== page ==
If you have to go to the Judge, you should talk to your attorney about the realistic outcome of such an action before you file a motion. As a general rule, do not schedule any activities during the other parent’s time with the children, unless you and the other parent have agreed to such activities Do not involve your children in the problem.

In most circumstances, a parent will have the choice of whether to take the children to the practices or games during their periods of possession. Although some courts will allow children some continuity in a limited number of activities and, therefore, order both parents to take them to certain events, many times a parent will simply have the choice of whether to take the child to the activity. If the event is important to your child, then discuss the activity with your former spouse before signing your child up for it. Also, limit the number of activities so that the other parent will not feel as though his or her entire time with the child is spent going to one activity after another. Often, a parent will see this as an attempt by you to interfere with the relationship they have with your child.

Q:

My children keep asking when we’re going to be a family again. What should I tell them?

A:

Respect that your children are feeling insecure and want their ideal family back. Seek professional guidance from a child psychologist or therapist to learn how to respond to your children’s inquires. Reassure your children that they have two parents who love them very much, and that nothing about having two households diminishes how important they are to both you and your spouse. For example, emphasize the positive parts of the divorce such as no more arguing, more one-on-one time with each parent, double Christmas, etc.

Even if you hope for reconciliation, do not get your children’s hopes up by letting them know this. Your children are quite fragile during the divorce process and do not benefit from having unfulfilled high hopes or being disappointed.

Q:

My ex-spouse and I are different religions and we each teach our children about our beliefs and practices. Isn’t this confusing for our children?

A:

Courts will often not give orders providing for a specific religion for a child. However, that does not mean that you should not address the issue. Your children will likely not be damaged by learning about two different religions, just as they won’t be damaged by learning two different languages. Explain the differences between the two religions to your children and offer a safe environment in which they can talk to you about those differences and their individual preferences.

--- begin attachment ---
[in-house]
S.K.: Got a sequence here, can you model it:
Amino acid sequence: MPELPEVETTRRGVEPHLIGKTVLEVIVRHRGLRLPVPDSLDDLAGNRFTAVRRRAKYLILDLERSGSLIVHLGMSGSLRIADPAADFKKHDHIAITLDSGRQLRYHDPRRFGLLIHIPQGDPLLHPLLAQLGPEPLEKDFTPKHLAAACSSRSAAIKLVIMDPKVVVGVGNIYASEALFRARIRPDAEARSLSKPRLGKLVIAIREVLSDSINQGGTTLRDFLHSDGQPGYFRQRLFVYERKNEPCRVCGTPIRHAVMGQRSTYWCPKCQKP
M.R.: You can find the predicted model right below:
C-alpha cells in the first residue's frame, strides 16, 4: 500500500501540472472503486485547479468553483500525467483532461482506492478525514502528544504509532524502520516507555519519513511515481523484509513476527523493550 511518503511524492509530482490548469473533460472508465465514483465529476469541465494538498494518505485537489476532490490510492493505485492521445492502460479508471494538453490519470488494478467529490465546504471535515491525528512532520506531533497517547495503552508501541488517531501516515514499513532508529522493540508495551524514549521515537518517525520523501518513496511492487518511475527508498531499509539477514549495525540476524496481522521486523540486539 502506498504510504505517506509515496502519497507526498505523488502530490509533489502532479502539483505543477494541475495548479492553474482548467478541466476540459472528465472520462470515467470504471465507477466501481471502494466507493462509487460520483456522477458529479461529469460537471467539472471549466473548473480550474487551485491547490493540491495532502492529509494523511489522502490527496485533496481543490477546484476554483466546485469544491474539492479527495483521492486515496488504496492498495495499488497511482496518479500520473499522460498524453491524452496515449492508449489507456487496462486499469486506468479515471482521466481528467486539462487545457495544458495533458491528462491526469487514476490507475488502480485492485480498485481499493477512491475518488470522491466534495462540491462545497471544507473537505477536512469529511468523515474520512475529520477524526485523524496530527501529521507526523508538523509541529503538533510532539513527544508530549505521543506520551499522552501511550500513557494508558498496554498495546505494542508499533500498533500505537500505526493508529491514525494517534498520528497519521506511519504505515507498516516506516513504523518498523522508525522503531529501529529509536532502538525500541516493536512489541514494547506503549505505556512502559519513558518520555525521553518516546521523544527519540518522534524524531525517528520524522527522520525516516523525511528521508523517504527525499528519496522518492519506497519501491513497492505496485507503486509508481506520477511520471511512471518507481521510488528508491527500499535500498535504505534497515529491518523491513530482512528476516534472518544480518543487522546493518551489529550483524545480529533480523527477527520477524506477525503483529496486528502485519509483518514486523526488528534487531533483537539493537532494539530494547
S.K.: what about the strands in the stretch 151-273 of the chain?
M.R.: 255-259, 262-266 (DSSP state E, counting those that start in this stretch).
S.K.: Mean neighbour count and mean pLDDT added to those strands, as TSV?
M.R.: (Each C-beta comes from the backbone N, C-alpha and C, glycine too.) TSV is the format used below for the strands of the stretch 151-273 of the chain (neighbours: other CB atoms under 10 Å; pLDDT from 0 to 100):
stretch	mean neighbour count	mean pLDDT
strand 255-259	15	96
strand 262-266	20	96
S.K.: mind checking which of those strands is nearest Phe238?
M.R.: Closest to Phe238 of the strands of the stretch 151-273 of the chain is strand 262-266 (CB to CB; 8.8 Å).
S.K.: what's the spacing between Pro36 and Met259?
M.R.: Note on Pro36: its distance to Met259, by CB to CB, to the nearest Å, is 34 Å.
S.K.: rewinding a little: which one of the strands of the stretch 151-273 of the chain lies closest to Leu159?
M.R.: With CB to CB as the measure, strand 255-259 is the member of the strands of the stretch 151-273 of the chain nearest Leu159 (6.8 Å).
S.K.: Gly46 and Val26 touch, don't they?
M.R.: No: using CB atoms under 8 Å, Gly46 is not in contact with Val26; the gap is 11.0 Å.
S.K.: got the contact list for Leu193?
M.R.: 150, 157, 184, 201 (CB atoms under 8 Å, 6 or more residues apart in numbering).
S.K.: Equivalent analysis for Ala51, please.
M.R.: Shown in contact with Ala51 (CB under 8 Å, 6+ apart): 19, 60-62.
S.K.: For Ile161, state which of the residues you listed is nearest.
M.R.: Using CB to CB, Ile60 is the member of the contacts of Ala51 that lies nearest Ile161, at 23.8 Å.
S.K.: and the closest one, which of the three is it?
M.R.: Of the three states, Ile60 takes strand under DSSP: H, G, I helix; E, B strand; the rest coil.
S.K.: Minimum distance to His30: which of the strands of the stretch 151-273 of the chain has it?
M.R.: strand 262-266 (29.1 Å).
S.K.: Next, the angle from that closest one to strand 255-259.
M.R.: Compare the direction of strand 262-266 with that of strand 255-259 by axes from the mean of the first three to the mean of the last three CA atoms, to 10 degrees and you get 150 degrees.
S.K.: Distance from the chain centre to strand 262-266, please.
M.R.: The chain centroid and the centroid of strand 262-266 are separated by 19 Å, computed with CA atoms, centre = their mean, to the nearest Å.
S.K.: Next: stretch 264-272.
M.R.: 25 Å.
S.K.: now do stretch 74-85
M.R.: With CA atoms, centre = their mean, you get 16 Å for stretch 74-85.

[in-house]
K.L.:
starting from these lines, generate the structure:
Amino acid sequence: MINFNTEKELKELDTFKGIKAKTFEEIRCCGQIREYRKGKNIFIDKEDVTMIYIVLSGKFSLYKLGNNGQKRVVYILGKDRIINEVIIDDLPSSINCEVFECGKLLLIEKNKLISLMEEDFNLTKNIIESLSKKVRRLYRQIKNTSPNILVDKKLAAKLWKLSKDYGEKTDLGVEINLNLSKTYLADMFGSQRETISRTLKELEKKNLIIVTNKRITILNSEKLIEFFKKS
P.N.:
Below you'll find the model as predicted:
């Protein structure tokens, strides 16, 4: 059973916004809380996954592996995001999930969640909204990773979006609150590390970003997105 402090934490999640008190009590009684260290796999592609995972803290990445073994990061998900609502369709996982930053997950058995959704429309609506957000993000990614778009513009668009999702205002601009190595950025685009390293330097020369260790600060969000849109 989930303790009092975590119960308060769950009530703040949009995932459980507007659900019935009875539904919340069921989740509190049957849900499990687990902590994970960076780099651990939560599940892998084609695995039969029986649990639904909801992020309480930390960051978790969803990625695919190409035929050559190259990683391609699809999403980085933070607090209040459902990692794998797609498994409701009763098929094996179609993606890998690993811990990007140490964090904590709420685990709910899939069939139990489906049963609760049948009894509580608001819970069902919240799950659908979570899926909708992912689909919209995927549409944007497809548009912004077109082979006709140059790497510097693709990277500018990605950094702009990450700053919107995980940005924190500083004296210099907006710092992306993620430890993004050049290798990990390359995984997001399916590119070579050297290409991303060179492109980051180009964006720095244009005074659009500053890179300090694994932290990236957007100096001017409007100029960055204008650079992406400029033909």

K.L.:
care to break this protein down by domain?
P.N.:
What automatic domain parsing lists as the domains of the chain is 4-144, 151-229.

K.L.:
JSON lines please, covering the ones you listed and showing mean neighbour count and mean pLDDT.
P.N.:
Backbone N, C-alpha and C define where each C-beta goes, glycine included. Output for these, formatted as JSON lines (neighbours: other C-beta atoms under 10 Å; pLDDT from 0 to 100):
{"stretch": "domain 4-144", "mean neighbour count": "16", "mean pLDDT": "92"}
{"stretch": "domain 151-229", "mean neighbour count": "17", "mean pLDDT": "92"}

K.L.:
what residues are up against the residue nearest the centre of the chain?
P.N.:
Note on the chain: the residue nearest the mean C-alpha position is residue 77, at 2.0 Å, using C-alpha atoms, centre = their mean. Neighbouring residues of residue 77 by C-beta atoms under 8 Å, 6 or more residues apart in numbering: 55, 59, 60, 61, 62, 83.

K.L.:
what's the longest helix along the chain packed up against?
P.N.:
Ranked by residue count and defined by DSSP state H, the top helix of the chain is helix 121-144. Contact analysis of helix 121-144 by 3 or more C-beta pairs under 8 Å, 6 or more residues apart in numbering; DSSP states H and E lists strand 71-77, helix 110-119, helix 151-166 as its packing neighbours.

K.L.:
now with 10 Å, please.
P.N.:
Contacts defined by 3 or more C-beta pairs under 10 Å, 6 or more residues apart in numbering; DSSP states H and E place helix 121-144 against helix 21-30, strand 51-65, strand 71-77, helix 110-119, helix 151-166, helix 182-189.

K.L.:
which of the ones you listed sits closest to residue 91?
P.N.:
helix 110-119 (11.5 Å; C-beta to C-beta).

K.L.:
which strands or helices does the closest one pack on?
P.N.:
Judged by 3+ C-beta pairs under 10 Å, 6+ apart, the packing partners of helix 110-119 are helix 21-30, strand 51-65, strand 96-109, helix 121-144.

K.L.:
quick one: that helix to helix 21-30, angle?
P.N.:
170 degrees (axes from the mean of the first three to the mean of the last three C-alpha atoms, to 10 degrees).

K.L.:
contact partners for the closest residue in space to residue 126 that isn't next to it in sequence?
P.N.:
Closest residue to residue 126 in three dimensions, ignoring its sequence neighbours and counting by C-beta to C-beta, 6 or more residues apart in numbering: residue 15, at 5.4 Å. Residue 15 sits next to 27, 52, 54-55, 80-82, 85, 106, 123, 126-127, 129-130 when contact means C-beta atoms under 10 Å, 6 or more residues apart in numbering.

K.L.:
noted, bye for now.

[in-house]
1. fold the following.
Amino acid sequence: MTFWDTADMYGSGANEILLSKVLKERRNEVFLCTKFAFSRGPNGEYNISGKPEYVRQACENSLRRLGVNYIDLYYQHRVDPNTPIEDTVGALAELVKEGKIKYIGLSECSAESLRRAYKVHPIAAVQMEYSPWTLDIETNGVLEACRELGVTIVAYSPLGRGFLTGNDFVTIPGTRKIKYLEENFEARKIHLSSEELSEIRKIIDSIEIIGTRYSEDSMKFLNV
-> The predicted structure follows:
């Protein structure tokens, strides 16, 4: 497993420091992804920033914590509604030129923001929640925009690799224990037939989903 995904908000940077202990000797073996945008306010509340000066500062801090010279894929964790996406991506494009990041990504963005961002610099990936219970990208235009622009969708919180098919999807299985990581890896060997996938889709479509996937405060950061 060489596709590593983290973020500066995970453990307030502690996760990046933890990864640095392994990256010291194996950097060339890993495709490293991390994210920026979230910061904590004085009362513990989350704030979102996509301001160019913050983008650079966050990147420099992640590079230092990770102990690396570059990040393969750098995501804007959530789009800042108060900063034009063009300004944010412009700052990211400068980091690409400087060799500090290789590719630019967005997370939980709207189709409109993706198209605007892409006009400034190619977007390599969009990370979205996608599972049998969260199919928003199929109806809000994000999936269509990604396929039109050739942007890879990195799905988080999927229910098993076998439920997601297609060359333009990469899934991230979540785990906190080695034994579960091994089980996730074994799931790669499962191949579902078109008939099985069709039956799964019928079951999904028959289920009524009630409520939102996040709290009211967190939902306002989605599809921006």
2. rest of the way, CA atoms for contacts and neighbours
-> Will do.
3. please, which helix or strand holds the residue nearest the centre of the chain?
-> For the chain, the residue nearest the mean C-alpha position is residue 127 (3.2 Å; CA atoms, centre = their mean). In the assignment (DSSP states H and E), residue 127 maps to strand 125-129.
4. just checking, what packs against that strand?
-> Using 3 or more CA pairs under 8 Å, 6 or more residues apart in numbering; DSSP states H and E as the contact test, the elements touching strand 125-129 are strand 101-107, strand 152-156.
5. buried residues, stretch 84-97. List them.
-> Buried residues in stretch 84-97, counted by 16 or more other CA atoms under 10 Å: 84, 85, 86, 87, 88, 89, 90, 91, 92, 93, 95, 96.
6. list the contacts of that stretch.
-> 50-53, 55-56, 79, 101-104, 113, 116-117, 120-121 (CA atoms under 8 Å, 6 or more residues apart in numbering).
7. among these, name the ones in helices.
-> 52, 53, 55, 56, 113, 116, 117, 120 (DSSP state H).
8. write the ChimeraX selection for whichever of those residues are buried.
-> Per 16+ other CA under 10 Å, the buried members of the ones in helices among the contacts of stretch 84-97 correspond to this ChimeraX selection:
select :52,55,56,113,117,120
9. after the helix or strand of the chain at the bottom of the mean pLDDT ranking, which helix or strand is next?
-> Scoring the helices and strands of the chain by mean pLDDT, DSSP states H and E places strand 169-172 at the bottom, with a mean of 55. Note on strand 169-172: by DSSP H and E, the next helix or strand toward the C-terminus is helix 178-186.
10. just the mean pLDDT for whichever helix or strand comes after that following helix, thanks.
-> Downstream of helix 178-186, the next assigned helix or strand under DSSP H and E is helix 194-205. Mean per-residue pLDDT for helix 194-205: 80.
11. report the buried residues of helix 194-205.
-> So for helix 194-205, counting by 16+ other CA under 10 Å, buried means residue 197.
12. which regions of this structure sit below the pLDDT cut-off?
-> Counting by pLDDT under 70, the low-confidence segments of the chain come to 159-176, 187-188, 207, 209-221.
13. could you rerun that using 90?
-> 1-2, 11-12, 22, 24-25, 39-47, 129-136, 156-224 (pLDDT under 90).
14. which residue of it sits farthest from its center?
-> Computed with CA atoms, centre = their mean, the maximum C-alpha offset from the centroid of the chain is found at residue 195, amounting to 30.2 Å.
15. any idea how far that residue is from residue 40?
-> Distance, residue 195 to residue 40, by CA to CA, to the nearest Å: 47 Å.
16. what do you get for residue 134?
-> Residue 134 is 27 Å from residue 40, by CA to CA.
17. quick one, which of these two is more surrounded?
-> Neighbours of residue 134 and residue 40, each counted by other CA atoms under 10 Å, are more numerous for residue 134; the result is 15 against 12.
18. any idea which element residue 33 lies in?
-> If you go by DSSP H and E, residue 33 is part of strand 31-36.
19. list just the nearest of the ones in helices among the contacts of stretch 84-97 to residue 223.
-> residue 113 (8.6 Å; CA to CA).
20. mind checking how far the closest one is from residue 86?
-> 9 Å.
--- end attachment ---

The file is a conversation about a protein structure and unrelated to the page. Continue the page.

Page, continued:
Q:

My spouse is telling the children negative things about me and our break up. What should I do?

A:

First, listen to your children’s thoughts and feelings. Gently learn about how such information was obtained. Do not criticize the other spouse. Rather, if your child holds a misperception, correct the misperception factually without judgment.

Be realistic. Even parents within intact families make critical remarks about one another. Forgive and try to understand small transgressions. If possible, talk to your spouse about working together to protect your children from strife.

If the problem continues, your children will be harmed, so you must take action to protect them. Talk to your lawyer about options, mediation, a therapist, or even a court hearing that might provide needed relief. Judges generally have little tolerance for parents who say bad things to their children about the other parent because it is so very harmful for the children.

Q:

Every time my former spouse wants to change the visitation schedule, she has our children call and ask. Isn’t this wrong?

A:

Yes.

When your former spouse puts your child in the position of a messenger, that child carries a responsibility that he or she should not have to bear. That, in effect, forces the child to take on the adult role because the parents are acting like children. Suggest to your former spouse alternative ways to communicate – e-mail, voice mail, letters, or a phone call. Even using a mutual friend to pass along communications is better than having your children do it. If your former spouse continues to use the children as messengers, a court can order an alternative method of communication.

Q:

Our relationship is so strained that we have a hard time being civil to each other. How can we protect our children?

A:

Conflict between parents is extremely hurtful to children. Find a neutral mediator or a therapist to help you and your spouse focus on the needs of the children. Use your neutral person to help you both tell the children about the upcoming divorce and your hopes that the strife between the two of you will lessen by living independently.

Be very careful to keep your children out of the middle. Resist any urge to draw your children into the divorce issues. Children caught in the middle feel like they are in a war zone.